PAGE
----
Representatives of HESS published the results of a 15-year gamma observation in the Milky Way. Telescopes installed in Namibia studied populations of pulsar wind nebulae and supernova remnants, as well as microquasars, which were not previously found in gamma rays. These studies are complemented by precise measurements, such as the scattering of rays in the center of our galaxy. Now this kit will serve as reference material for the international scientific community.
In space, particles of cosmic rays are accelerated by galactic clusters, supernovae, binary stars, pulsars, and some varieties of supermassive black holes. Because of the unknown mechanism, they manage to gain a high level of energy observed in gamma rays. When they get to the earth's atmosphere, they are absorbed, forming a short-term downpour of secondary particles emitting bluish flashes - the Vavilov-Cherenkov effect.
In order to find these short-term flashes, in 2002, 14 countries created an array of HESS - the world's largest gamma observatory (Namibia). Large mirrors of 5 telescopes collect rays and reflect incredibly sensitive cameras. Each snapshot shows the direction of the gamma quantum arrival, and the amount of light collected gives information about the energy. In the spring of 2003, the galactic center and the remnants of the explosion of a massive star were the first sources identified by HESS telescopes. Since 2700 hours of time, the array has continuously monitored the galaxy in search of various sources of gamma rays. Then managed to find 78 points.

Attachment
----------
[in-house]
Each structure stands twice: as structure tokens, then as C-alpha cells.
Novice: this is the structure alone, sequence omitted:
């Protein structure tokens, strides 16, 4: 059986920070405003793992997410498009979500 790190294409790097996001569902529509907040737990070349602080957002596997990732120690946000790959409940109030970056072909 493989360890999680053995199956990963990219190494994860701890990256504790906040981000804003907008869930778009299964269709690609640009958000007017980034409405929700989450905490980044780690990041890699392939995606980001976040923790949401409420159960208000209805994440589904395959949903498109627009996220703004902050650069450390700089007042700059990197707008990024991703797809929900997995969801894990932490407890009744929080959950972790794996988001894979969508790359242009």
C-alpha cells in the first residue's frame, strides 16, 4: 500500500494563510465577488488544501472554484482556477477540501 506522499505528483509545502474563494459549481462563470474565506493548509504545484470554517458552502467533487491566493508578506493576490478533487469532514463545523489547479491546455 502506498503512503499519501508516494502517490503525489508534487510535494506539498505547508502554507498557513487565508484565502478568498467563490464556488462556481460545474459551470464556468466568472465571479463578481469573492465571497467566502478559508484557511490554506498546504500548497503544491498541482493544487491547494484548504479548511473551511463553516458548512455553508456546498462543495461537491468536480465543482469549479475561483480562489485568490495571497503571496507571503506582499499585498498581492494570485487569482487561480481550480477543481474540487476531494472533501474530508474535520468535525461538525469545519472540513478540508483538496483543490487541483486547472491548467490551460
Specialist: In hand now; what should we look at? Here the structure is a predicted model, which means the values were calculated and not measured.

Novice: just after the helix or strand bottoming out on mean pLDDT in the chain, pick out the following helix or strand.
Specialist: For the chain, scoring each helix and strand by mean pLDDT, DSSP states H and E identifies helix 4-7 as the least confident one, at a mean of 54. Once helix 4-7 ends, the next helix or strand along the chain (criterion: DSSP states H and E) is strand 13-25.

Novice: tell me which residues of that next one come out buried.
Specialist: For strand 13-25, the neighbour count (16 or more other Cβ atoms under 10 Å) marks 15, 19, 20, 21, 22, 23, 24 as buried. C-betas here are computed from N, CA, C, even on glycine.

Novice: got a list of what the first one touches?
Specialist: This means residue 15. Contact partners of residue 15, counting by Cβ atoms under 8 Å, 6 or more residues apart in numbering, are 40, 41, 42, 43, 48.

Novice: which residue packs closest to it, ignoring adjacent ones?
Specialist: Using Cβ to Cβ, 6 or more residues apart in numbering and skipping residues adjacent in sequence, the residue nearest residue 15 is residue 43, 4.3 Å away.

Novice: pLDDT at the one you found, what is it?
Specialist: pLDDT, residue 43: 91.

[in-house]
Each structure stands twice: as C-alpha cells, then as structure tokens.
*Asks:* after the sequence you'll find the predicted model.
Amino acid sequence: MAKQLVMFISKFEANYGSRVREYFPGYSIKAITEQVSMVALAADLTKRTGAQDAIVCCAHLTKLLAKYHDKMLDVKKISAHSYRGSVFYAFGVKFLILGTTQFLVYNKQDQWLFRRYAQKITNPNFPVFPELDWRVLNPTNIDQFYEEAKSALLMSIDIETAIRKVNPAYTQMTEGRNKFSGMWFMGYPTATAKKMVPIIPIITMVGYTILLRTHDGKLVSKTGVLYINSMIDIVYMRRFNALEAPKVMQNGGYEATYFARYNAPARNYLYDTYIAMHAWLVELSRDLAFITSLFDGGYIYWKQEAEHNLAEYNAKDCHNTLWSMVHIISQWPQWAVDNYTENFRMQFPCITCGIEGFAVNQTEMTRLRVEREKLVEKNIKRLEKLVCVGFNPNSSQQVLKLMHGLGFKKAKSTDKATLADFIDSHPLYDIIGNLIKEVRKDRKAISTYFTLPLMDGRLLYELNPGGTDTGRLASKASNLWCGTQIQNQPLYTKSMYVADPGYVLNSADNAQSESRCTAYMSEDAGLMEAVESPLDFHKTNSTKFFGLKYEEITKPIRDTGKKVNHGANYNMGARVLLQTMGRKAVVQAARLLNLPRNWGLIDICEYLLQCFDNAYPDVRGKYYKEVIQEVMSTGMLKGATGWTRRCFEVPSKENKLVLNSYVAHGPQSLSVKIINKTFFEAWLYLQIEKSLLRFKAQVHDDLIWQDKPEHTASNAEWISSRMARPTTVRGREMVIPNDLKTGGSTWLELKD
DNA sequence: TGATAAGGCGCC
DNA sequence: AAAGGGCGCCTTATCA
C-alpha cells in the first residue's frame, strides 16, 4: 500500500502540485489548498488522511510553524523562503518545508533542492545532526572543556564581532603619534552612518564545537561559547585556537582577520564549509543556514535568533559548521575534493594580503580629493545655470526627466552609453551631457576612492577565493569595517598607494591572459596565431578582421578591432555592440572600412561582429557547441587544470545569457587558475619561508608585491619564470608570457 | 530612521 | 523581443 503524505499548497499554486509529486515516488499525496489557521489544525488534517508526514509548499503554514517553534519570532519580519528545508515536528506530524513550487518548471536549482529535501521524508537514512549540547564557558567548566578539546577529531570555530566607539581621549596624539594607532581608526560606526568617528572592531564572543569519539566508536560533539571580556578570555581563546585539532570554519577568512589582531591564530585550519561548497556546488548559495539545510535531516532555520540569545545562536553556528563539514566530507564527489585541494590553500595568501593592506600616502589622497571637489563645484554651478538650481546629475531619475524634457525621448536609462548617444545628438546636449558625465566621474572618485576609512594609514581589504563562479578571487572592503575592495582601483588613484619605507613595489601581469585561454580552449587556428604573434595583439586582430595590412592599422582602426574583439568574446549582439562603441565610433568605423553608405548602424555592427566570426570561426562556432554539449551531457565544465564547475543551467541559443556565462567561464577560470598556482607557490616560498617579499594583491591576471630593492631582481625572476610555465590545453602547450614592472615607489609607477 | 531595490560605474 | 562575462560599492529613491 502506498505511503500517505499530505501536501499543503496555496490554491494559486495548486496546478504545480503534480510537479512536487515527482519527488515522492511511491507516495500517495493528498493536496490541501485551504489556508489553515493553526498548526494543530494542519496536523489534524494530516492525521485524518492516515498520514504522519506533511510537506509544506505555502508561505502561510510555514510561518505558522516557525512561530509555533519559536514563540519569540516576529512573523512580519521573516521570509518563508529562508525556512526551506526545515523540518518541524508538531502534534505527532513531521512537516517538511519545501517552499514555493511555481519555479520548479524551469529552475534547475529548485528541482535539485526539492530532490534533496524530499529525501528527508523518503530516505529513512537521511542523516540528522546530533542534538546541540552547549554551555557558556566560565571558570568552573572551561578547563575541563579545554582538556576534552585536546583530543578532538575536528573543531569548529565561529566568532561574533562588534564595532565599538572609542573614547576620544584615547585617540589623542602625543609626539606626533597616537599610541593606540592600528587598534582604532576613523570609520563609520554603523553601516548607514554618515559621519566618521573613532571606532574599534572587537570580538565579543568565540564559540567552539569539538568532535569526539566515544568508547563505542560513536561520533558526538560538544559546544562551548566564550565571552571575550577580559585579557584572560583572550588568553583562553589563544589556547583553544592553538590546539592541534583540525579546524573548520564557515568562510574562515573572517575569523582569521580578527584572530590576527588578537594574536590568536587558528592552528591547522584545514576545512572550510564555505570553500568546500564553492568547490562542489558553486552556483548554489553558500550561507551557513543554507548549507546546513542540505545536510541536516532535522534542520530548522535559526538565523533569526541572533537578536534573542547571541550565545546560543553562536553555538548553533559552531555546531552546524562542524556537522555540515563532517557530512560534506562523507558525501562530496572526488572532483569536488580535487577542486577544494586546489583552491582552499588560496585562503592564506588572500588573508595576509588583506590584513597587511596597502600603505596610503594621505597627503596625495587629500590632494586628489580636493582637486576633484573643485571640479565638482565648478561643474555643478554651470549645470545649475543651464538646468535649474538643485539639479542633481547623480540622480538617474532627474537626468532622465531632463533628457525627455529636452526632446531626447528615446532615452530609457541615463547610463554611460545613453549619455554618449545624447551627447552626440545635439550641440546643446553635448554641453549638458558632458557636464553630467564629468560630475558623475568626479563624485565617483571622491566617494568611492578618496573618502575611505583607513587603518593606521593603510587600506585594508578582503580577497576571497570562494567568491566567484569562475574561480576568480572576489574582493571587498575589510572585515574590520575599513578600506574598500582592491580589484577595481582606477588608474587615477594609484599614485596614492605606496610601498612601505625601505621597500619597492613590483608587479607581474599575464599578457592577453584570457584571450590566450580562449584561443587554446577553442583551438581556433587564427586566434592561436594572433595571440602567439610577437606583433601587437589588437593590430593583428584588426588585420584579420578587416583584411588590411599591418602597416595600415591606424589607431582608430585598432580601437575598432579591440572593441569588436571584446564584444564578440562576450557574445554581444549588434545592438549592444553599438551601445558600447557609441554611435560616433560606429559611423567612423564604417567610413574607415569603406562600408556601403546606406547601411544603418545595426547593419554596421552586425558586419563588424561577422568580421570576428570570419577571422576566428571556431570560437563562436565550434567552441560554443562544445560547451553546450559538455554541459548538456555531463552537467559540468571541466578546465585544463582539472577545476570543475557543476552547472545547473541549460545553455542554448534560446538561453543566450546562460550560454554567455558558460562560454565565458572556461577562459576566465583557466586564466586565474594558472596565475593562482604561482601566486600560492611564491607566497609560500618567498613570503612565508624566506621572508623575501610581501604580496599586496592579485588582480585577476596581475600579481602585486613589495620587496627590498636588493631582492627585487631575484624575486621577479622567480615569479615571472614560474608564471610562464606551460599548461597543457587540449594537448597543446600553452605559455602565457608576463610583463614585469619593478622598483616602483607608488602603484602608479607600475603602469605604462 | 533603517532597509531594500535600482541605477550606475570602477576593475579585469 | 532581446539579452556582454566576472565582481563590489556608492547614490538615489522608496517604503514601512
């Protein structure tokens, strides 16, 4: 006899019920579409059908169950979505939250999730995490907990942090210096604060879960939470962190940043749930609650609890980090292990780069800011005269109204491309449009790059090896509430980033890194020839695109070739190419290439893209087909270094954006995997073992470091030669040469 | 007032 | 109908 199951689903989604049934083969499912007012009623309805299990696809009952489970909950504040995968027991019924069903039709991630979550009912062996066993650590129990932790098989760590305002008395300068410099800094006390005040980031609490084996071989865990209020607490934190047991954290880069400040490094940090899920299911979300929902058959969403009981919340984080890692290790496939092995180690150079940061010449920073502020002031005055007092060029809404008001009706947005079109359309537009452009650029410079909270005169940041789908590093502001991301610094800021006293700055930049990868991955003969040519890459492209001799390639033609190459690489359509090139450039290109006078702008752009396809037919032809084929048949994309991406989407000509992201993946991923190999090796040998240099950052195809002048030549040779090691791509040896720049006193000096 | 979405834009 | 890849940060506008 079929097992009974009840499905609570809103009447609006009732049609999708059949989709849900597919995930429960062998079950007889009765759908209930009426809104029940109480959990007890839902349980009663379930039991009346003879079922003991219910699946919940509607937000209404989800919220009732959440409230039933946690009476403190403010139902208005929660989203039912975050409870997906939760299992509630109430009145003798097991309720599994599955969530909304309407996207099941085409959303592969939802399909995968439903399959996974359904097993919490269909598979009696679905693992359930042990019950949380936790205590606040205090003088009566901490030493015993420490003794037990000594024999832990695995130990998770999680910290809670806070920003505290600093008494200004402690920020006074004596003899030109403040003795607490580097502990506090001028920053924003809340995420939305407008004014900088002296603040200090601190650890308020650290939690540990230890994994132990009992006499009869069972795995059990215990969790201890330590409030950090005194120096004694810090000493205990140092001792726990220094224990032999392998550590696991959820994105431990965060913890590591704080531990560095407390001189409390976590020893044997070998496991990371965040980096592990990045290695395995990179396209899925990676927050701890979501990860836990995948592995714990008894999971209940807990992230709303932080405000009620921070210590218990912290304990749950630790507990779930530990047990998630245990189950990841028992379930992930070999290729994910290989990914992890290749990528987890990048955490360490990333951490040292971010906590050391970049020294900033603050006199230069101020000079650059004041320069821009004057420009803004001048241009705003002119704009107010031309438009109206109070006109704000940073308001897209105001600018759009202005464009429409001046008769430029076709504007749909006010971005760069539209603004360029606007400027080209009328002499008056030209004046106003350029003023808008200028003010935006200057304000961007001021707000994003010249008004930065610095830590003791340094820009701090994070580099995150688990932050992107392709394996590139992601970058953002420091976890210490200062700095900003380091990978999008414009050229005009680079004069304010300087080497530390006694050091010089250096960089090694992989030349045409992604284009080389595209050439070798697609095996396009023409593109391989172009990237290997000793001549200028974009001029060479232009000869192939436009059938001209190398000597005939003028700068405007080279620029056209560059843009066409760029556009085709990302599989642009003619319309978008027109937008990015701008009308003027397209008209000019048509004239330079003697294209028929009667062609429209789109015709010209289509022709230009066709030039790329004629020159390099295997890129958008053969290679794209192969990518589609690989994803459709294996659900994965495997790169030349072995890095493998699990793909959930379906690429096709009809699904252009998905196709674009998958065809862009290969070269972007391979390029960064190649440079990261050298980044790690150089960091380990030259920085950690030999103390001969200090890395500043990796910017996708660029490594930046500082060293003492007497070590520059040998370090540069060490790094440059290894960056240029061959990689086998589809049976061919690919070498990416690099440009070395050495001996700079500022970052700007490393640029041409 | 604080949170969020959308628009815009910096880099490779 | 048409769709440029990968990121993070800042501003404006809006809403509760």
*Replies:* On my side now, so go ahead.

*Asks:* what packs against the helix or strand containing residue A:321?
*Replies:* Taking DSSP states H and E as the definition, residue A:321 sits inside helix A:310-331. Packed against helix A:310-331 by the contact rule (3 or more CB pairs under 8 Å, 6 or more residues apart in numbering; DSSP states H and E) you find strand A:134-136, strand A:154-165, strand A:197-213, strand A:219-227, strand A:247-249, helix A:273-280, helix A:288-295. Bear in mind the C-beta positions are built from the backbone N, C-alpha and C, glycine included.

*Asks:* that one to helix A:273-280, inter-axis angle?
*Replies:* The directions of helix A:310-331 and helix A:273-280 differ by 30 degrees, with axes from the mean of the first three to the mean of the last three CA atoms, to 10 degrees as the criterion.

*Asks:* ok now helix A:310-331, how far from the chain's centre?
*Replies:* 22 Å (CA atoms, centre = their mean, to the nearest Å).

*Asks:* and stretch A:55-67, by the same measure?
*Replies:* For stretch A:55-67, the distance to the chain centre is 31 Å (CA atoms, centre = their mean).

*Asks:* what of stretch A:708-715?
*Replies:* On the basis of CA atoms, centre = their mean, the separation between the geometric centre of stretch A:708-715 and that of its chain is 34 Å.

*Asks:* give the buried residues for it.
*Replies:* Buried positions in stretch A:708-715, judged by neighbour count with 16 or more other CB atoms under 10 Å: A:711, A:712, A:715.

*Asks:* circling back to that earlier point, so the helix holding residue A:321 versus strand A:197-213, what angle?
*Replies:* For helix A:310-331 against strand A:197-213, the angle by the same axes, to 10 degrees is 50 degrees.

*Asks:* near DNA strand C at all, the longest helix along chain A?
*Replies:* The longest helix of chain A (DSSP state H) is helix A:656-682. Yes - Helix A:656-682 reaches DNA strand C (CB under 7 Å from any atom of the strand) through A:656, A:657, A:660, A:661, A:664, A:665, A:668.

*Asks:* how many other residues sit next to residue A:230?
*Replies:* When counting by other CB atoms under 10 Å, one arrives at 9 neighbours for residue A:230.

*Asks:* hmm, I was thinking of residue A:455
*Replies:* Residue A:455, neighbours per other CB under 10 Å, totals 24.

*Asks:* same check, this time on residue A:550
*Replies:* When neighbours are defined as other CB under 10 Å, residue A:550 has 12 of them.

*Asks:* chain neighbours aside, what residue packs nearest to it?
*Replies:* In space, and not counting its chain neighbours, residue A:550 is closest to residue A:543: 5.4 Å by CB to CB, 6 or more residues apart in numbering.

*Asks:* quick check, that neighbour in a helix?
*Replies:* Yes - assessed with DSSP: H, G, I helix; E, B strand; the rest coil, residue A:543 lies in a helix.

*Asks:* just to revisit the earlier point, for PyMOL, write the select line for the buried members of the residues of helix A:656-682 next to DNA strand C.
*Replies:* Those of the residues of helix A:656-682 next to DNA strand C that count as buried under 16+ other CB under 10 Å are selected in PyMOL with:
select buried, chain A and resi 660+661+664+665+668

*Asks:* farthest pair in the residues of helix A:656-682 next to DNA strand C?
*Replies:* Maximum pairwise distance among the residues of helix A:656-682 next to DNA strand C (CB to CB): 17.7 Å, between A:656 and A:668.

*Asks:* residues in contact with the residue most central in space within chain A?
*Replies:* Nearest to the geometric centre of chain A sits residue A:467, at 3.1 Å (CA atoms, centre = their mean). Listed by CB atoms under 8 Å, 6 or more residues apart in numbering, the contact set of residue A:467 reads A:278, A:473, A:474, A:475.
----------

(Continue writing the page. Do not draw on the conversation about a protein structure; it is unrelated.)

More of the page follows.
Today's catalog is 4 times larger than the 2006 compilation. For the first time, the global community of astrophysicists will have access to high-energy gamma rays in such a huge amount. HESS will also tell in detail about the particle accelerators underlying these sources, and how the cosmic rays pass through the interstellar medium. Emissions from new classes of objects, such as stellar-mass black holes revolving around massive stars, and rapidly moving stars are also noticed.